The chilly temperatures and wind kept most people off South Walton's beaches Saturday. However, if you're willing to brave the elements, nine sections of the county's coastline have watchful eyes to keep you safe. South Walton Fire District lifeguards are now manning their towers.
Even though the seagulls outnumbered the people enjoying the beach, new and returning lifeguards began the program's eighth season in their towers.
The thirty guards have completed their annual training, which includes 84 hours of lessons from surf rescue techniques to conditioning.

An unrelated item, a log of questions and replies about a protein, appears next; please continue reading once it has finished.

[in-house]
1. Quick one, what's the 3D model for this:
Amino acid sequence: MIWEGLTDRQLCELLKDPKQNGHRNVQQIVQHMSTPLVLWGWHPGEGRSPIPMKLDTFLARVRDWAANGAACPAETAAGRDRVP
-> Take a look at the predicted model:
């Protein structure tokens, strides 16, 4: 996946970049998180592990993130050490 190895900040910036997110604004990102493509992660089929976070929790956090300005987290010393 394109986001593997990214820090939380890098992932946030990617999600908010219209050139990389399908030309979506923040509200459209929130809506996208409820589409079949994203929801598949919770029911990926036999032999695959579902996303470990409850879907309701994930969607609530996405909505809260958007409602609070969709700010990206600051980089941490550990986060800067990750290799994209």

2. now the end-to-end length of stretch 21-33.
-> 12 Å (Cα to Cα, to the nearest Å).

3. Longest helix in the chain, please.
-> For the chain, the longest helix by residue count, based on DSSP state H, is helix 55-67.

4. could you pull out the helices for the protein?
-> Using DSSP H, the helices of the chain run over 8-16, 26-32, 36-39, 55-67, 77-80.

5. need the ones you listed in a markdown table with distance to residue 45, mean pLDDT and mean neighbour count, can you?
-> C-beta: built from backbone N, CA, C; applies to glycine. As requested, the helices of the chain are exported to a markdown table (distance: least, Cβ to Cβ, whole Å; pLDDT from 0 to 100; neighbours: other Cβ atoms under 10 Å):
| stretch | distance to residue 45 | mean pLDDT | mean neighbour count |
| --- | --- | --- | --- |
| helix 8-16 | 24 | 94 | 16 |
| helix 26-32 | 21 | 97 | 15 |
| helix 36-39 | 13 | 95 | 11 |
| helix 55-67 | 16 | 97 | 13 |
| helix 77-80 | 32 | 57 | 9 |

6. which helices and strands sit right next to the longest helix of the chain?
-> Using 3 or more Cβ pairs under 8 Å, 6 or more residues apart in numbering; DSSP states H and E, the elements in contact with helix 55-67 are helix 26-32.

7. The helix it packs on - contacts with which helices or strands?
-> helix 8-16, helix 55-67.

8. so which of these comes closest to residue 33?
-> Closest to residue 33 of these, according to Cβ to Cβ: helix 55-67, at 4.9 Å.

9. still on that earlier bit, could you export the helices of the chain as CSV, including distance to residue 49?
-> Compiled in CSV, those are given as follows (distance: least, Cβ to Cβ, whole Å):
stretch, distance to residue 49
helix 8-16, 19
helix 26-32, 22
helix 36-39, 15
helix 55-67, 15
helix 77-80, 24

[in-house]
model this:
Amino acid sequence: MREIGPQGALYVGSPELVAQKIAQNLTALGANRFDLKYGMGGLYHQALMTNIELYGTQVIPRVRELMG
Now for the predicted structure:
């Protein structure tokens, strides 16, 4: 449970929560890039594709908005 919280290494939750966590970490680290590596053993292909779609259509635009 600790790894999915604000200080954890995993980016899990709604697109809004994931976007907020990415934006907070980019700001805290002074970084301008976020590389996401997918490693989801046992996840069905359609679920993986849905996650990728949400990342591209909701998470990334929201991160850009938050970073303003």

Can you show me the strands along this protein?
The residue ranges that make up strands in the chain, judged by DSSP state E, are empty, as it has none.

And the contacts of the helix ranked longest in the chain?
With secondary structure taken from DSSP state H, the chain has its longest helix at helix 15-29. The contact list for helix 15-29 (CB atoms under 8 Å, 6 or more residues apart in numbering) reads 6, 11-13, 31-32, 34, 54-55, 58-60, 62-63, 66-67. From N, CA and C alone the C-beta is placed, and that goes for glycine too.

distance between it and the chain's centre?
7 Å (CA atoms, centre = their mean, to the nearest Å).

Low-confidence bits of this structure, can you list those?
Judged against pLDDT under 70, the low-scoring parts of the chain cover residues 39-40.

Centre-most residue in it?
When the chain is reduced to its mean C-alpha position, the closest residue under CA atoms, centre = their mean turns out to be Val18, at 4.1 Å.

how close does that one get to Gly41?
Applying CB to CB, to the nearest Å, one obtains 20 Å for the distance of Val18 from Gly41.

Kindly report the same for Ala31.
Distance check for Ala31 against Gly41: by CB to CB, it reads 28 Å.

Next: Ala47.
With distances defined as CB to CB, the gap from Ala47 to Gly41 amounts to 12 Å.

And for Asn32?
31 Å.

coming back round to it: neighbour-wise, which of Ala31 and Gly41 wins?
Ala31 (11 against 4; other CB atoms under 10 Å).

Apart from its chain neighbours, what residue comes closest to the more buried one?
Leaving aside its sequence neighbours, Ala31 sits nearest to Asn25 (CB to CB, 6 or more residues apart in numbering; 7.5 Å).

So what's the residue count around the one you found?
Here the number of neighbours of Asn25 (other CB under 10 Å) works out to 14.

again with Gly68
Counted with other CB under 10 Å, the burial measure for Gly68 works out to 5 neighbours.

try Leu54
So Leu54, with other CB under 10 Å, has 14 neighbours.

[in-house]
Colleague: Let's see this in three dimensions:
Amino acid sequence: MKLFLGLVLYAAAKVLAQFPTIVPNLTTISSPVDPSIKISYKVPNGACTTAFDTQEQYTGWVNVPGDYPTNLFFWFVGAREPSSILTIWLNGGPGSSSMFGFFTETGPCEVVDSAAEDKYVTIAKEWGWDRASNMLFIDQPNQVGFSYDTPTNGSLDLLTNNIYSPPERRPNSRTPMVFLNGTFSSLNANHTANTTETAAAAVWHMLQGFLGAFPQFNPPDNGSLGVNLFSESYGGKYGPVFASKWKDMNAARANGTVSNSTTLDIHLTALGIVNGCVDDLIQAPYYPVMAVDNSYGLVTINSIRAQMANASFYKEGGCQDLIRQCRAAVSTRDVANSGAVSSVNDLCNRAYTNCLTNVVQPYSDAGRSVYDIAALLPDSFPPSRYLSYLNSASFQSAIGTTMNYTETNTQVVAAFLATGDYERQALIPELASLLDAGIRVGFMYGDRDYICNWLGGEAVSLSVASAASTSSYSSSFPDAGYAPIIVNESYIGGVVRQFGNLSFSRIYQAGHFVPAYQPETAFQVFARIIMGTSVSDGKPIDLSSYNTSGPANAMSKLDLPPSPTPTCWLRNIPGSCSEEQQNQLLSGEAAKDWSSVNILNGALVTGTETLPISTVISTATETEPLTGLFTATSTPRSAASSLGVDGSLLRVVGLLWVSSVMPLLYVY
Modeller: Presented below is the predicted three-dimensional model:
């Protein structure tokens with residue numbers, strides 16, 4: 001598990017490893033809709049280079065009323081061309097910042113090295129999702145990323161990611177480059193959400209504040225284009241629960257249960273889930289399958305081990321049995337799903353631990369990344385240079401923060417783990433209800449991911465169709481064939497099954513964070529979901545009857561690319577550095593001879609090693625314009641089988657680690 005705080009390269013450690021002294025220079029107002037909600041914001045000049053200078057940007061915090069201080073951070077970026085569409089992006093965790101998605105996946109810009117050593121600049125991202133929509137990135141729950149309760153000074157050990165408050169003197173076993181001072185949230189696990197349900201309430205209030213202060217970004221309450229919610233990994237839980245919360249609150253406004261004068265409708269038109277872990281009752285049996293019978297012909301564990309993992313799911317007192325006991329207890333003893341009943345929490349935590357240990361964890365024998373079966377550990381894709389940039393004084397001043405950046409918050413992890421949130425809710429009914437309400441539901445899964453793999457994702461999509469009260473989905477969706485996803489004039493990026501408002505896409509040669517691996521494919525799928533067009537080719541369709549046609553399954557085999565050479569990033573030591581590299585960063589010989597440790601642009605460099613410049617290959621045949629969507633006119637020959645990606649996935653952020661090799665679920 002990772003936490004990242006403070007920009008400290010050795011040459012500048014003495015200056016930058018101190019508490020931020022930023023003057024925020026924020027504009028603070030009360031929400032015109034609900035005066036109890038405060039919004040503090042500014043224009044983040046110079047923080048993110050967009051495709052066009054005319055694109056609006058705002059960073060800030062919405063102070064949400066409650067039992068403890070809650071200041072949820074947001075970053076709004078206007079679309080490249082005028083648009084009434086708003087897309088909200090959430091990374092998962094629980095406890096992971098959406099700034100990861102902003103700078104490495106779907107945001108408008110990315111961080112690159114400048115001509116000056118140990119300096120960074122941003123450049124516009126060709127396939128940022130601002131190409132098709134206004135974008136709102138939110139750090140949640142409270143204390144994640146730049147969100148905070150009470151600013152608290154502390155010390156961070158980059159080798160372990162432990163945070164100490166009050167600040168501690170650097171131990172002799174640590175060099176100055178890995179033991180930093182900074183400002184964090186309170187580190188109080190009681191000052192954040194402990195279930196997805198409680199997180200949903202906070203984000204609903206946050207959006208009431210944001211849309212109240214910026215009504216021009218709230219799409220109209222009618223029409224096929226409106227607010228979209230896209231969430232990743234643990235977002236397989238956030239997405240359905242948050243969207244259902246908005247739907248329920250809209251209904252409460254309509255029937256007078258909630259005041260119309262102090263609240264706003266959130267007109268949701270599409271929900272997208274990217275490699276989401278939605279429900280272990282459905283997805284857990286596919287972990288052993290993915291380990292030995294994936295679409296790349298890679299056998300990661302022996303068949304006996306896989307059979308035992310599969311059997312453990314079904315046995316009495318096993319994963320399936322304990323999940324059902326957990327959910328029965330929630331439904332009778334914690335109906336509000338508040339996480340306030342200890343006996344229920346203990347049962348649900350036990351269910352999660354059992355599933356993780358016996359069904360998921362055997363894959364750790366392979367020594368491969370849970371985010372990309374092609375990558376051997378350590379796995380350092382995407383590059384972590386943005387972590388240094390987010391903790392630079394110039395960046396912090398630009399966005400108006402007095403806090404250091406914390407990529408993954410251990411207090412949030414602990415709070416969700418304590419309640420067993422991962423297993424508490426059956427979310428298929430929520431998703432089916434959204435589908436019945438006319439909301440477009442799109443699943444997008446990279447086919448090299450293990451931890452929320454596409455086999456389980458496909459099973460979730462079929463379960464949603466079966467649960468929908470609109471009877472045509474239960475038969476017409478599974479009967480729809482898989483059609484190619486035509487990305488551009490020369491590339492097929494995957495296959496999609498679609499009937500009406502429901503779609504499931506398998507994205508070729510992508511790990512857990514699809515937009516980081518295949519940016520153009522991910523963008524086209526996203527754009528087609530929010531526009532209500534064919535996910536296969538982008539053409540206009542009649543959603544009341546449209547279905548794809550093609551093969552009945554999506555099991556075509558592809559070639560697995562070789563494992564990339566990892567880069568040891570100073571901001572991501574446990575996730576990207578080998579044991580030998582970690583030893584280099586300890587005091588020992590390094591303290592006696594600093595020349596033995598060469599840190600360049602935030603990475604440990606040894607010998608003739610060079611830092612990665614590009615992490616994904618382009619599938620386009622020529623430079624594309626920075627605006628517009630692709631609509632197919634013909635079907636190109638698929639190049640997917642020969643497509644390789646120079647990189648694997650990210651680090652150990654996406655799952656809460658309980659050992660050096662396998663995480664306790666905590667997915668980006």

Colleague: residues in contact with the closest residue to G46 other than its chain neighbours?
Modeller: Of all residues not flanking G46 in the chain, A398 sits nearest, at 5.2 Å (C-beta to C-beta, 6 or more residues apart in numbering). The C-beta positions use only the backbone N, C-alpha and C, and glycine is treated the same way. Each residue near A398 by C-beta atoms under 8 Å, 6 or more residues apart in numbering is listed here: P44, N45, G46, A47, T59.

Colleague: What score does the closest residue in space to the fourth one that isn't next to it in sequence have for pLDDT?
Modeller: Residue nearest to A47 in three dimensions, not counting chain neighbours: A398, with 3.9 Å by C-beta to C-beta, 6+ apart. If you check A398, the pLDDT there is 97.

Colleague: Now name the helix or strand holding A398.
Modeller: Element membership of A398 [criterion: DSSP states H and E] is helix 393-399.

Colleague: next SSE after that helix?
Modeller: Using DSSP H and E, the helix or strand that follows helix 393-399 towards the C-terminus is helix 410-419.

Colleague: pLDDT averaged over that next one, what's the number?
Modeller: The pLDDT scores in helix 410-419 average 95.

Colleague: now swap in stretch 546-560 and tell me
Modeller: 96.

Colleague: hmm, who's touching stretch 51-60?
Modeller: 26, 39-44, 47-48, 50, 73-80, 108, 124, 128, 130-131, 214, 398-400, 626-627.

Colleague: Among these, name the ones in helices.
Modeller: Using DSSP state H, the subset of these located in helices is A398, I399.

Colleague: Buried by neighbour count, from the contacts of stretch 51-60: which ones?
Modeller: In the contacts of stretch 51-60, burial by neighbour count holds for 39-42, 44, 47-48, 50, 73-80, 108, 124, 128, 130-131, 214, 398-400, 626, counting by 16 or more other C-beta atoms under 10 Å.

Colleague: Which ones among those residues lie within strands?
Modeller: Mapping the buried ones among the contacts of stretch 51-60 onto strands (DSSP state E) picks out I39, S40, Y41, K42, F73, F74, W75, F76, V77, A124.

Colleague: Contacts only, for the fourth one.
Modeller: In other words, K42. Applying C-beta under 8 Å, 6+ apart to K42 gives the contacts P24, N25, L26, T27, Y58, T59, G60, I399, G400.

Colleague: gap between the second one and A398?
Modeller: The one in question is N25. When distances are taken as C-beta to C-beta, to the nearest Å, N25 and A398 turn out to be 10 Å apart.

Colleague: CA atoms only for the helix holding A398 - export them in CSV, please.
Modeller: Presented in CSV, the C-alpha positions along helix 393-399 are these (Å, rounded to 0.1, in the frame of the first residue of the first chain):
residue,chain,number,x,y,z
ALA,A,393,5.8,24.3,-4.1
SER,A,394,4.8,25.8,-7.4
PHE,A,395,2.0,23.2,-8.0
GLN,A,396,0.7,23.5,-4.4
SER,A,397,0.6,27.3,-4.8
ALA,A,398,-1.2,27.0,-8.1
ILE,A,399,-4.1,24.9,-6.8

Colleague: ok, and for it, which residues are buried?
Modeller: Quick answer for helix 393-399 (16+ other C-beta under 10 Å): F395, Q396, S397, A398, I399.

While the guards are ready to use these skills, they hope prevention and education efforts targeting beach-goers will ensure they never have to.
Lifeguards say about 80% of the time they enter the water, they're helping someone who's caught in a rip current.
They also say these currents are one of the most deadly things along the panhandle's beaches.
That's why it's important everyone understand and follow the flag warning system.
"The flag system is standardized throughout the nation. Double red is the water is closed to the public, and red is a high hazard. It's kind of like a traffic light. Red is a high hazard, yellow medium and green low, and we have purple for jellyfish," said Chris Lambert, the lifeguard supervisor.
South Walton has nine lifeguard stations spread throughout the county's entire coastline. Two guards man each post between 10:00 a.m. and 6:00 p.m., and they'll be there each day until September.